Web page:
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UK---Millions Face Pension Poverty as 'Golden' Era Ends

Business  (tags: news, money, economy, finance, UK, politics, world, society )

- 2455 days ago -
Up to 14 million workers will retire with pensions far smaller than those enjoyed by their parents, a report warns today, as the "golden generation" of retirement schemes comes to an end.

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Rose Becke (141)
Monday August 1, 2011, 12:20 am
It is happening here in OZ as well

Stan B (123)
Monday August 1, 2011, 1:58 am
It's going to happen in every country which has lived above its means because of stupid governments.
The Chinese must be laughing their heads off.

Rachel D (57)
Monday August 1, 2011, 3:00 am
This is where underregulated free trade takes you - theft from the middle class and increasing poverty for the majority

patricia lasek (317)
Monday August 1, 2011, 4:37 am
This is happening all over the "free world" due to the greed of the bankers and politicians.

cecily w (0)
Monday August 1, 2011, 5:14 am
This is happening throughout developed countries. (Those in "less developed countries" never had any illusions about it.) There are several reasons for this.

There are several reasons. One of the least mentioned is population growth. Even in those countries where birth rates have declined, the populations are still growing--albeit very slowly and immigration is adding to the disastrous mix. (All resources have finite limits.)

Another cause is that non-workers and marginal workers reap pension system benefits without having contributed their fair share--even after the worker dies. (In the U.S. we see this as public and private pension benefits to "non working spouses". It affects both public old age benefits and private pensions.)

The main reason is gutless politicians who are bought and paid for, and won't take these issues on. (In all fairness though, they can't really do much either because the system stinks.)


Jane Warren (8)
Monday August 1, 2011, 5:33 am
Darn it. I was hoping for good news when I get to be pension-eligible.

Kath P (9)
Monday August 1, 2011, 6:07 am
The rich get richer and the poor pay.

. (0)
Monday August 1, 2011, 6:54 am
For now we have the unfortunate position of being the unwilling victims of people who govern by their own personal preferences, and they do not care what science says.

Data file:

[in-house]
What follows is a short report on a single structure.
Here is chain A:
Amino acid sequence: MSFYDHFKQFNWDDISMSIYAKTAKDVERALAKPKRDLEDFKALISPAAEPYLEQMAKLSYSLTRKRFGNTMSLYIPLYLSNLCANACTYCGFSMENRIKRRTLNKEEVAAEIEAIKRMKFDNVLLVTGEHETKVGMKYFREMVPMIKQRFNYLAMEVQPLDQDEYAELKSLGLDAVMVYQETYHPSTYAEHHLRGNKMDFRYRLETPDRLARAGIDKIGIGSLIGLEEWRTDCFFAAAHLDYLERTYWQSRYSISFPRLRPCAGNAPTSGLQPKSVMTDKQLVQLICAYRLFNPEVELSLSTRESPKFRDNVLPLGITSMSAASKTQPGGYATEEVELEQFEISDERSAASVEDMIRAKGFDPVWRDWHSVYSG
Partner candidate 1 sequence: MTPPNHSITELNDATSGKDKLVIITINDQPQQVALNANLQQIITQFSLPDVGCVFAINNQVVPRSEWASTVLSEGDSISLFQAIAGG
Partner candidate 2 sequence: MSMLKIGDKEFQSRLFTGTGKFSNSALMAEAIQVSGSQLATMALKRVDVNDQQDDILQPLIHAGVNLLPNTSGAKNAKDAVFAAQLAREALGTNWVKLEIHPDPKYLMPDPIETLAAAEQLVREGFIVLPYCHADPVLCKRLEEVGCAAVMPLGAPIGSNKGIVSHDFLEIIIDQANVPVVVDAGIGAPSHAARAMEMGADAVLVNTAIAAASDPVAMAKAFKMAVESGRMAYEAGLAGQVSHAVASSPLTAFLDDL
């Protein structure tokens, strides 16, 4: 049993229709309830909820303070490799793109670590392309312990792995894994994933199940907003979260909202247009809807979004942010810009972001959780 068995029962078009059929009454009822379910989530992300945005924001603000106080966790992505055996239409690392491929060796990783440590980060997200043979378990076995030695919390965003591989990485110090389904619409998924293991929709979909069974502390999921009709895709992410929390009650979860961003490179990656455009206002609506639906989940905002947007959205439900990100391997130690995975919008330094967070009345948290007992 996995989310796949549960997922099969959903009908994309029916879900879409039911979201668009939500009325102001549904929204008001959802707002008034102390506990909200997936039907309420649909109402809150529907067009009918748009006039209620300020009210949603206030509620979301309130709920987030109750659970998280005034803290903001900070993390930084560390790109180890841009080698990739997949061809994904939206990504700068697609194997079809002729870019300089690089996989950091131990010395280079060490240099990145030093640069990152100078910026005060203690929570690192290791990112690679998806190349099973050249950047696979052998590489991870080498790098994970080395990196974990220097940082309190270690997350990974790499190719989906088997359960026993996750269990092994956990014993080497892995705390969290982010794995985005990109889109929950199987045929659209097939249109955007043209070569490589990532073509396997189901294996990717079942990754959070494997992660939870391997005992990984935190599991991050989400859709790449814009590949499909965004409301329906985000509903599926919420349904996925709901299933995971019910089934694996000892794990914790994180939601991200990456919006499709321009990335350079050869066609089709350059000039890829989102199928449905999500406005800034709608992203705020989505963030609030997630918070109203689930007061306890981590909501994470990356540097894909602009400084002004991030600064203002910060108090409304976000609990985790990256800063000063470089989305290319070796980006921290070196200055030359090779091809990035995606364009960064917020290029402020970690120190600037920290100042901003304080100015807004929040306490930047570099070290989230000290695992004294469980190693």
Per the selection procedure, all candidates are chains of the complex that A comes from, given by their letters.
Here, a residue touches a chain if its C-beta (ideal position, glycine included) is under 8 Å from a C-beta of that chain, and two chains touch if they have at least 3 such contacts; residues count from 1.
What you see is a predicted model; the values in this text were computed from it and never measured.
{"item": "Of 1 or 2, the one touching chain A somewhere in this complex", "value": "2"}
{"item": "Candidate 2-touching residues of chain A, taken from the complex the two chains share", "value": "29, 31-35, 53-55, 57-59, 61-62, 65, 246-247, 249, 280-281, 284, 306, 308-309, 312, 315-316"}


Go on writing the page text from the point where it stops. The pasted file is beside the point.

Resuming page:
Republican (aka stupid person) = "Let's give all the wealth to the top 1% of society, and somehow the economy will continue to function."

Science = "If 99% of America has no money to spend the economy will die."

It is basic math: 1% of American's are rich, and 99% of American's are NOT rich. 1% is less than 99%. If 99% of Americans do not have any disposable income, or no income at all, 99% of the economy WILL FAIL because people who do not have any money to spend will not be able to spend any money. This is not hard for anyone with a functioning brain to understand.

If the economy fails the money/investments of rich people will become WORTHLESS because they only retain their value in a good economy.

You cannot have a successful economy or society based on only taking care of 1% of the population.

. (0)
Monday August 1, 2011, 6:54 am
Artificial Scarcity occurs when the supply of X is controlled to make it scarce on purpose when the reality is that the supply of X is virtually unlimited. This is usually done to make X worth more than it really is, and thus increase profits for those who are the purveyors of X.

The easiest example of this is food. Every year millions of tons of food end up in landfills because the stores that bought it were not able to sell it. They rather throw it away to keep food scarce/expensive than give the food to those who need it for free. By doing so they create an artificial scarcity of food.

The largest example of artificial scarcity is the supply of money. Money is nothing more than metal/paper with fancy pictures on it, and has no intrinsic value accept what we give it. If we are experiencing financial problems we should either print more, or throw the entire concept of money in the garbage.